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Thinfilm Launches OpenSense Printed NFC Sensor Label for Bottles

The Norwegian firm's product comes at the same time that the company prepares the release of an NFC temperature label, and has signed a partnership with Xerox, which is planning to mass-produce contact memory labels using Thinfilm's platform, and is researching an NFC version of the labels.
By Claire Swedberg

The inclusion of NFC is a natural evolution from printable memory, says Davor Sutija, Thinfilm's CEO. "We've already demonstrated our integration of memory and logic" that is printable, he adds. The next step, Sutija says, is the addition of NFC transmission capability, making the labels wireless and able to speak with a user's mobile phone or tablet.

Thinfilm's goal is no less than to be at the front of a process to connect everything online—in other words, the Internet of Things. The company was founded in Norway 20 years ago, as a subsidiary of Opticon, to develop plastic memory devices. In 2009, it developed its first printed rewriteable memory intended to be used as part of a manufacturing process. In 2012, the firm released its first printed integrated system that combined memory, sensors, logic and display.

The company also acquired California-based company Kovio in 2014 (see RFID News Roundup: Thinfilm Acquires Kovio, Opens Silicon Valley NFC Innovation Center), and opened a facility known as the Thinfilm NFC Innovation Center in San Jose. More than four years ago, Kovio began offering printed high-frequency (HF) tags compliant with the ISO 14443 air-interface protocol standard. The tags offered 128 bits of memory, and had ICs made with proprietary nanosilicon ink (see Printed-Electronics RFID Tags Debut). In combination with Thinfilm's work in integrated sensor systems and smart labels, the former Kovio product has evolved to become what is now known as the Thinfilm NFC Barcode Tag, which is already commercially available.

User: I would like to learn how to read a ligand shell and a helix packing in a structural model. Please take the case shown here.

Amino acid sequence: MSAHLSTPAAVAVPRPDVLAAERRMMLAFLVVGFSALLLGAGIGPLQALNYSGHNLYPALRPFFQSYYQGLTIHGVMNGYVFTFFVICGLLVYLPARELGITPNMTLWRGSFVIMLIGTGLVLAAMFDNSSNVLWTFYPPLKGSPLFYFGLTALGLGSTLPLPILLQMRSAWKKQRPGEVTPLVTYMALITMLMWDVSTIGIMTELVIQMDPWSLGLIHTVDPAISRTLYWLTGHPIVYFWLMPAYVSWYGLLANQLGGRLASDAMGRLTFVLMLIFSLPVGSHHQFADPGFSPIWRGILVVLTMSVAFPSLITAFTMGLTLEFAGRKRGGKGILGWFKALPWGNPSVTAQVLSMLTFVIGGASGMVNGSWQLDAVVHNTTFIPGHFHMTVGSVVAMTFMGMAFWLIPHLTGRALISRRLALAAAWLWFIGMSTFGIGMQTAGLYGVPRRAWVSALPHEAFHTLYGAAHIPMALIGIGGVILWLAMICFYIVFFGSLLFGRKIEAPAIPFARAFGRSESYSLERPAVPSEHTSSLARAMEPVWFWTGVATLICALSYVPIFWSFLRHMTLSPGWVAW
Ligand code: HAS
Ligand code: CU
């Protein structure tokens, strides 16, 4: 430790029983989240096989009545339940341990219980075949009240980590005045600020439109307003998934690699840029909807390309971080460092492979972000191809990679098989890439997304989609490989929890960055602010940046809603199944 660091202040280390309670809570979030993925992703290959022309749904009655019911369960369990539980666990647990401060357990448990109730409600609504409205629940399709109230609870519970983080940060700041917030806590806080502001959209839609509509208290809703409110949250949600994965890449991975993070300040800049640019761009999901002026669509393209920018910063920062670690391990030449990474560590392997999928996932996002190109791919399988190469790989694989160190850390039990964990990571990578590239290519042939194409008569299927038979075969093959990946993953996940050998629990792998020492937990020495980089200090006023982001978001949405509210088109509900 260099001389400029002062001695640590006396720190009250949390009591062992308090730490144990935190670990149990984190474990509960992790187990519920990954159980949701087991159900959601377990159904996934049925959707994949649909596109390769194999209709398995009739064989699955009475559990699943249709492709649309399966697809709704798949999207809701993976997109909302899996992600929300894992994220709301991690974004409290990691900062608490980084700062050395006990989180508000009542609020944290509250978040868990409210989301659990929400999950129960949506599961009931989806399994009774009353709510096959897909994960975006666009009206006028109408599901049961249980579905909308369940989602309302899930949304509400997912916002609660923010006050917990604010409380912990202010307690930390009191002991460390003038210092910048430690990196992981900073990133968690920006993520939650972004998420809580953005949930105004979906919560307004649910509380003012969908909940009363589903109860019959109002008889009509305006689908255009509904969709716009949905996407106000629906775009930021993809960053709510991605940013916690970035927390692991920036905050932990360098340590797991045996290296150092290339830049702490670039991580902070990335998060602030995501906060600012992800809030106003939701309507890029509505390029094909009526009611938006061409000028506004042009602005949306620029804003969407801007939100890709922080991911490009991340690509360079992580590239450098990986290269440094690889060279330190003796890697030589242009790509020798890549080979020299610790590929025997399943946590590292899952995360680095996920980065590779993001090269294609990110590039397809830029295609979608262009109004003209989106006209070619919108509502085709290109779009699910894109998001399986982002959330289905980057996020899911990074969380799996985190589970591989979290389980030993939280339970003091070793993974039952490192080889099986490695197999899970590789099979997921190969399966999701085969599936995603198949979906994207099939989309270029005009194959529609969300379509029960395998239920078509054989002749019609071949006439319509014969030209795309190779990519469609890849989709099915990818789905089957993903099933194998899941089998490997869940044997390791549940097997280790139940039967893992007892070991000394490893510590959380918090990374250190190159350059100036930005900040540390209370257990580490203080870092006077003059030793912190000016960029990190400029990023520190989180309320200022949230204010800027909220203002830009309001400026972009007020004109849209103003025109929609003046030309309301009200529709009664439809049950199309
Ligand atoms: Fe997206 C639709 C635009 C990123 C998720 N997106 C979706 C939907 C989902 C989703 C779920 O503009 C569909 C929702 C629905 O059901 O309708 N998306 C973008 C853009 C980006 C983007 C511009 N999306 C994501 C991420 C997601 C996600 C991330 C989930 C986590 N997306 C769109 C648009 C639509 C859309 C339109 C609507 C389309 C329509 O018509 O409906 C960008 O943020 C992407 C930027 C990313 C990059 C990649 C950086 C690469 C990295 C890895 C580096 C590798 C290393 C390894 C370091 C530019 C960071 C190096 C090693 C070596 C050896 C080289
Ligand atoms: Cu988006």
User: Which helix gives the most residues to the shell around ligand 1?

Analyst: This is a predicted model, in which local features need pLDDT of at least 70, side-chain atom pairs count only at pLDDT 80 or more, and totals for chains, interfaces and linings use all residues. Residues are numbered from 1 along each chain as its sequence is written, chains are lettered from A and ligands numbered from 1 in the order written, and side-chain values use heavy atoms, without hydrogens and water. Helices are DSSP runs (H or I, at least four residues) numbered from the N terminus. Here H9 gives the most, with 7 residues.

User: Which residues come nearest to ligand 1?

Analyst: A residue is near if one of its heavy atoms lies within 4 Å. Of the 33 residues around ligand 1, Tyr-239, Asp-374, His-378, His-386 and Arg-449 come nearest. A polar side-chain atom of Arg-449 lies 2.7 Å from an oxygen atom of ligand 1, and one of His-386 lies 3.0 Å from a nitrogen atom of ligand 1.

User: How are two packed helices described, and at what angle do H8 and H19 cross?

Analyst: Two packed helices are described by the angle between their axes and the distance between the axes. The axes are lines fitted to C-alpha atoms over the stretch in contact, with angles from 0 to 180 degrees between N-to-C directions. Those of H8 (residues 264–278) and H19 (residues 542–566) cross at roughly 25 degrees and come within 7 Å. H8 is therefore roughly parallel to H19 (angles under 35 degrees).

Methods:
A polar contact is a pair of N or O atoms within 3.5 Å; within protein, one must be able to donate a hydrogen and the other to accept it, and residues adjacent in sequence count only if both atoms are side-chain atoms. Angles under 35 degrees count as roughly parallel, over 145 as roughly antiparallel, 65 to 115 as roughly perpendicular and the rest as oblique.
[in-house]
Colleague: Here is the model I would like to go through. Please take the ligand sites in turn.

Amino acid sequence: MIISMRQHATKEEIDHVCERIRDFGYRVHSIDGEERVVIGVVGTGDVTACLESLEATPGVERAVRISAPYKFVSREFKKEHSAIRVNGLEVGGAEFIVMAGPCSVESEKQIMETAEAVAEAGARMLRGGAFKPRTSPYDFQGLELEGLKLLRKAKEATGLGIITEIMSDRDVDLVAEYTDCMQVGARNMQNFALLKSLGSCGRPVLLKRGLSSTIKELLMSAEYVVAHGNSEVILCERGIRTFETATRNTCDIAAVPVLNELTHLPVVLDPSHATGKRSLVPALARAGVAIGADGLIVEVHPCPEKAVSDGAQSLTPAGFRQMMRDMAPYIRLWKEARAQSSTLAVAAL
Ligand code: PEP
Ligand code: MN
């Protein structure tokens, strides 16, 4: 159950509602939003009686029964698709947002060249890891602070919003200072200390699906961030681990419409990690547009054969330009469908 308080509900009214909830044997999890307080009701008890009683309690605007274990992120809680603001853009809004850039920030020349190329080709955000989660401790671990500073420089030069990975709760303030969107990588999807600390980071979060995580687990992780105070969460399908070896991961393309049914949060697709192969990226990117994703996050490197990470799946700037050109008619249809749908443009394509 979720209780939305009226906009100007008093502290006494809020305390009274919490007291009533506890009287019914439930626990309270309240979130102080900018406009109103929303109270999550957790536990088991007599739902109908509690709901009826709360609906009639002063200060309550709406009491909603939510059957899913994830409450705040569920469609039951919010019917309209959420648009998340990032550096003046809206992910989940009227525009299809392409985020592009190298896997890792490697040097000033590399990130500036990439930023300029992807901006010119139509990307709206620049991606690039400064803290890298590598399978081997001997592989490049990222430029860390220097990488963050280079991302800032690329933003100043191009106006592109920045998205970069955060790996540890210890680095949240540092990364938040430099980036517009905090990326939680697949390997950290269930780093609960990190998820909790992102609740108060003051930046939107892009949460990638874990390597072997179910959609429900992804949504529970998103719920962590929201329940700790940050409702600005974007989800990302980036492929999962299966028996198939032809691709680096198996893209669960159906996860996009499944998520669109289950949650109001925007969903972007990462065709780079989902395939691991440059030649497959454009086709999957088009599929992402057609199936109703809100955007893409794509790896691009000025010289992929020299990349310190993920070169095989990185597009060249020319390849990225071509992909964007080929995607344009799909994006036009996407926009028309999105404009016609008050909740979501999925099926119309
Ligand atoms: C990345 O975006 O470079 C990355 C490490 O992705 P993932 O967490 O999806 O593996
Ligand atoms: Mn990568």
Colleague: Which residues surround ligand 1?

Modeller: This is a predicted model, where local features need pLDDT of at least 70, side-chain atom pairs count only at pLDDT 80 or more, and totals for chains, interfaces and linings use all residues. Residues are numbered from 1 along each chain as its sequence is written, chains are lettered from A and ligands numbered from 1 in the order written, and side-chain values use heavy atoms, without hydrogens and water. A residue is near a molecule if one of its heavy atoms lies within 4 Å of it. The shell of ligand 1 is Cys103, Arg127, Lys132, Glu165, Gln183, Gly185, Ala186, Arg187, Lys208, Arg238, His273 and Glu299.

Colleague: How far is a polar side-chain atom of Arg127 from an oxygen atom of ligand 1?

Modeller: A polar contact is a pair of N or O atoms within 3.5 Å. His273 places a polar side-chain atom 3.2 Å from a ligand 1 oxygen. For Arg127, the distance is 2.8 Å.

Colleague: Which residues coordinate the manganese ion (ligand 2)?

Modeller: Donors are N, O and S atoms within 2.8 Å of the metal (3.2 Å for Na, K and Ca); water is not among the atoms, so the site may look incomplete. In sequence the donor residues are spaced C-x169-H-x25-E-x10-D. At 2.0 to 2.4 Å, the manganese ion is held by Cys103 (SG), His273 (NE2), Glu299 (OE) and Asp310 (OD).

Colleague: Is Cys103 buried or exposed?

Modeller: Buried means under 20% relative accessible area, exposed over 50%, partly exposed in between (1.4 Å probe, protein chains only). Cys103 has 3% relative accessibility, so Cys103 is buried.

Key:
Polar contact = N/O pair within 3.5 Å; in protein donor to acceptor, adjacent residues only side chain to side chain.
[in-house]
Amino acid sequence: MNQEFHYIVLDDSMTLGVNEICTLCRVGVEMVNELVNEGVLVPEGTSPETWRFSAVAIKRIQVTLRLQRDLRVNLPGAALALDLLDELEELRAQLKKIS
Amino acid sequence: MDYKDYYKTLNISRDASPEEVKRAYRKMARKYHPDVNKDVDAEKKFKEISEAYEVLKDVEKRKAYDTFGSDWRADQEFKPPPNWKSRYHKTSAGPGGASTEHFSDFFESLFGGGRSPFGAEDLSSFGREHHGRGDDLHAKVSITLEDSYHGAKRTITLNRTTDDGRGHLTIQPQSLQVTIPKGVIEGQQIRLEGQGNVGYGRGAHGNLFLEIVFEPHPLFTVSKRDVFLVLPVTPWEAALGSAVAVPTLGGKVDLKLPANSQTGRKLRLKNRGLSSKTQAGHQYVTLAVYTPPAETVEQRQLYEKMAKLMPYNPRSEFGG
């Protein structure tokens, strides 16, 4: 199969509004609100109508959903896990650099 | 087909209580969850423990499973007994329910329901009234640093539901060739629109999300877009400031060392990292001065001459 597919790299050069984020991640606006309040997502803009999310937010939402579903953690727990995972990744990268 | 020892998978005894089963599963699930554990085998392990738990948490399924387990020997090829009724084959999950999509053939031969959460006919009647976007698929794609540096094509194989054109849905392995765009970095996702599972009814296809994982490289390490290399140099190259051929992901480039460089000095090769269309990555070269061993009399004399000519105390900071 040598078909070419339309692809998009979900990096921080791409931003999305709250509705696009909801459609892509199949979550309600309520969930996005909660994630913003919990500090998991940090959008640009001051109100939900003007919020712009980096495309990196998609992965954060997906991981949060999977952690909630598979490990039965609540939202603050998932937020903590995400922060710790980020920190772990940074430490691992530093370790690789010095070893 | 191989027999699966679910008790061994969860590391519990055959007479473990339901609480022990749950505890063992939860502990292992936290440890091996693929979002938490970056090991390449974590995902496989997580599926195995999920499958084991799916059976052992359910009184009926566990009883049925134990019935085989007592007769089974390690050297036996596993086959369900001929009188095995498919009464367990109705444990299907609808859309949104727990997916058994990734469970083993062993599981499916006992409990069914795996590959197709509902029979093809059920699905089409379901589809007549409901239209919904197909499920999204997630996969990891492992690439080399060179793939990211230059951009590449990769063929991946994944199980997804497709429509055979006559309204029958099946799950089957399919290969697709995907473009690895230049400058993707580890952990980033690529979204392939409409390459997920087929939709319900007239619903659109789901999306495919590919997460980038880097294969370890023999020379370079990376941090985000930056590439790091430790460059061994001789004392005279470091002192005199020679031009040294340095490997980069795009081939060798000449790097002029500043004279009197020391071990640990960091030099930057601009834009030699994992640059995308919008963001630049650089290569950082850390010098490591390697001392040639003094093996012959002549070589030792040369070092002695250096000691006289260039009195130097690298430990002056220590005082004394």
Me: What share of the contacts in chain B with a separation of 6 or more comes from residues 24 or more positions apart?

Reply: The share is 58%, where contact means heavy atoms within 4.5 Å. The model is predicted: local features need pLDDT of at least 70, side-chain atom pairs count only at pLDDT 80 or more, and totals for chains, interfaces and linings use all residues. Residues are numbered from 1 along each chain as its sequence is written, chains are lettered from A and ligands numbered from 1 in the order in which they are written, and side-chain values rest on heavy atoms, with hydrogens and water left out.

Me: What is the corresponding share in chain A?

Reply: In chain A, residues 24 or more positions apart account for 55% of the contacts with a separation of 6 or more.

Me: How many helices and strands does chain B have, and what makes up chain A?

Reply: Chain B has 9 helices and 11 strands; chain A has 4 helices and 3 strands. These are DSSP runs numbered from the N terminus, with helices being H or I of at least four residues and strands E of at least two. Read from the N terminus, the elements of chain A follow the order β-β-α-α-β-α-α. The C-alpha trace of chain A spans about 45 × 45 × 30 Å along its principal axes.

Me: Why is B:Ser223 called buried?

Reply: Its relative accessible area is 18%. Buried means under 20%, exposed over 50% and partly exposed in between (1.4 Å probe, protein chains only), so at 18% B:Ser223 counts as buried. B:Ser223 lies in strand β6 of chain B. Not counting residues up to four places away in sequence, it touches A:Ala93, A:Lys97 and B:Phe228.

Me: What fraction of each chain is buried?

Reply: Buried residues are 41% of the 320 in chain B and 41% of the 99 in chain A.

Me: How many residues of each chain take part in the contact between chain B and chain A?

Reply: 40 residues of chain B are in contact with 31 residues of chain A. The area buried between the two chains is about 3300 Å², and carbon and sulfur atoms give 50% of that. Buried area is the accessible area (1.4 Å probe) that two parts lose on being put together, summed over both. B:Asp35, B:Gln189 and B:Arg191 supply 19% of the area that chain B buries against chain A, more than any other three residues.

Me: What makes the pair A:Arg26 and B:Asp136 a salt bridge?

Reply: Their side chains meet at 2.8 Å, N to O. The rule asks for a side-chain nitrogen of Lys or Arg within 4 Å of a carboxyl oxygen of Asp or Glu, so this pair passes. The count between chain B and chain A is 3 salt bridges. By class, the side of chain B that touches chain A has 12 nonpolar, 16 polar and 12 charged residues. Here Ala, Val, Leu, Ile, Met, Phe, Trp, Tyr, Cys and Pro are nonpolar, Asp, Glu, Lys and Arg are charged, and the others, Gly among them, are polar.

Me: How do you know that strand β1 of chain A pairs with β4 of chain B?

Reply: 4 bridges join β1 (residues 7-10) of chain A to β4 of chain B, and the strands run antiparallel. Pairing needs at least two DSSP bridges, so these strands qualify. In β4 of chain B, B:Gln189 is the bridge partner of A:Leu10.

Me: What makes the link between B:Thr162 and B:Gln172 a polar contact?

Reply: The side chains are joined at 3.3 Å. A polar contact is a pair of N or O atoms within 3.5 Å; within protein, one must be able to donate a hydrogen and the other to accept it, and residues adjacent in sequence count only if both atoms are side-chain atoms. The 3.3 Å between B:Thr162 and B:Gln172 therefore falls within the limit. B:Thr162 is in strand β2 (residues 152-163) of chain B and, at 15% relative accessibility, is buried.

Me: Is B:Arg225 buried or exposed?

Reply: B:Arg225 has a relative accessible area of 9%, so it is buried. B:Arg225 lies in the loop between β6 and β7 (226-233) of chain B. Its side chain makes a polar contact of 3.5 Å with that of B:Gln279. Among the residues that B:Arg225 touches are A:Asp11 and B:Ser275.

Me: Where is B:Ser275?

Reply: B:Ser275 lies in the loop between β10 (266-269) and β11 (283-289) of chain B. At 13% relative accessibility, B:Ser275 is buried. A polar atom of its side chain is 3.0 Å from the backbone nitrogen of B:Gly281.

The company expects its Thinfilm NFC Barcode Tag will commonly be used to authenticate consumer goods, as well as for tracking toys and games. The tag, Thinfilm notes, could be used in conjunction with software hosted by the company's U.K.-headquartered partner, EVRYTHNG. The cloud-based platform can be used to store RFID-related data and can be accessed by authorized parties reading the NFC labels via the NFC readers built into their phones.

Thinfilm will demonstrate prototypes of the OpenSense tag and Thinfilm Smart Label at this year's RFID Journal LIVE! conference and exhibition, to be held in San Diego, Calif., on Apr. 15-17.


John Bishop 2015-03-02 03:30:12 AM
Looks like a nice solution. From an anti-counterfeiting perspective, what's preventing someone to copy the URL coming out of a scan of a closed bottle, and copy it on another tag to make a genuine fake?

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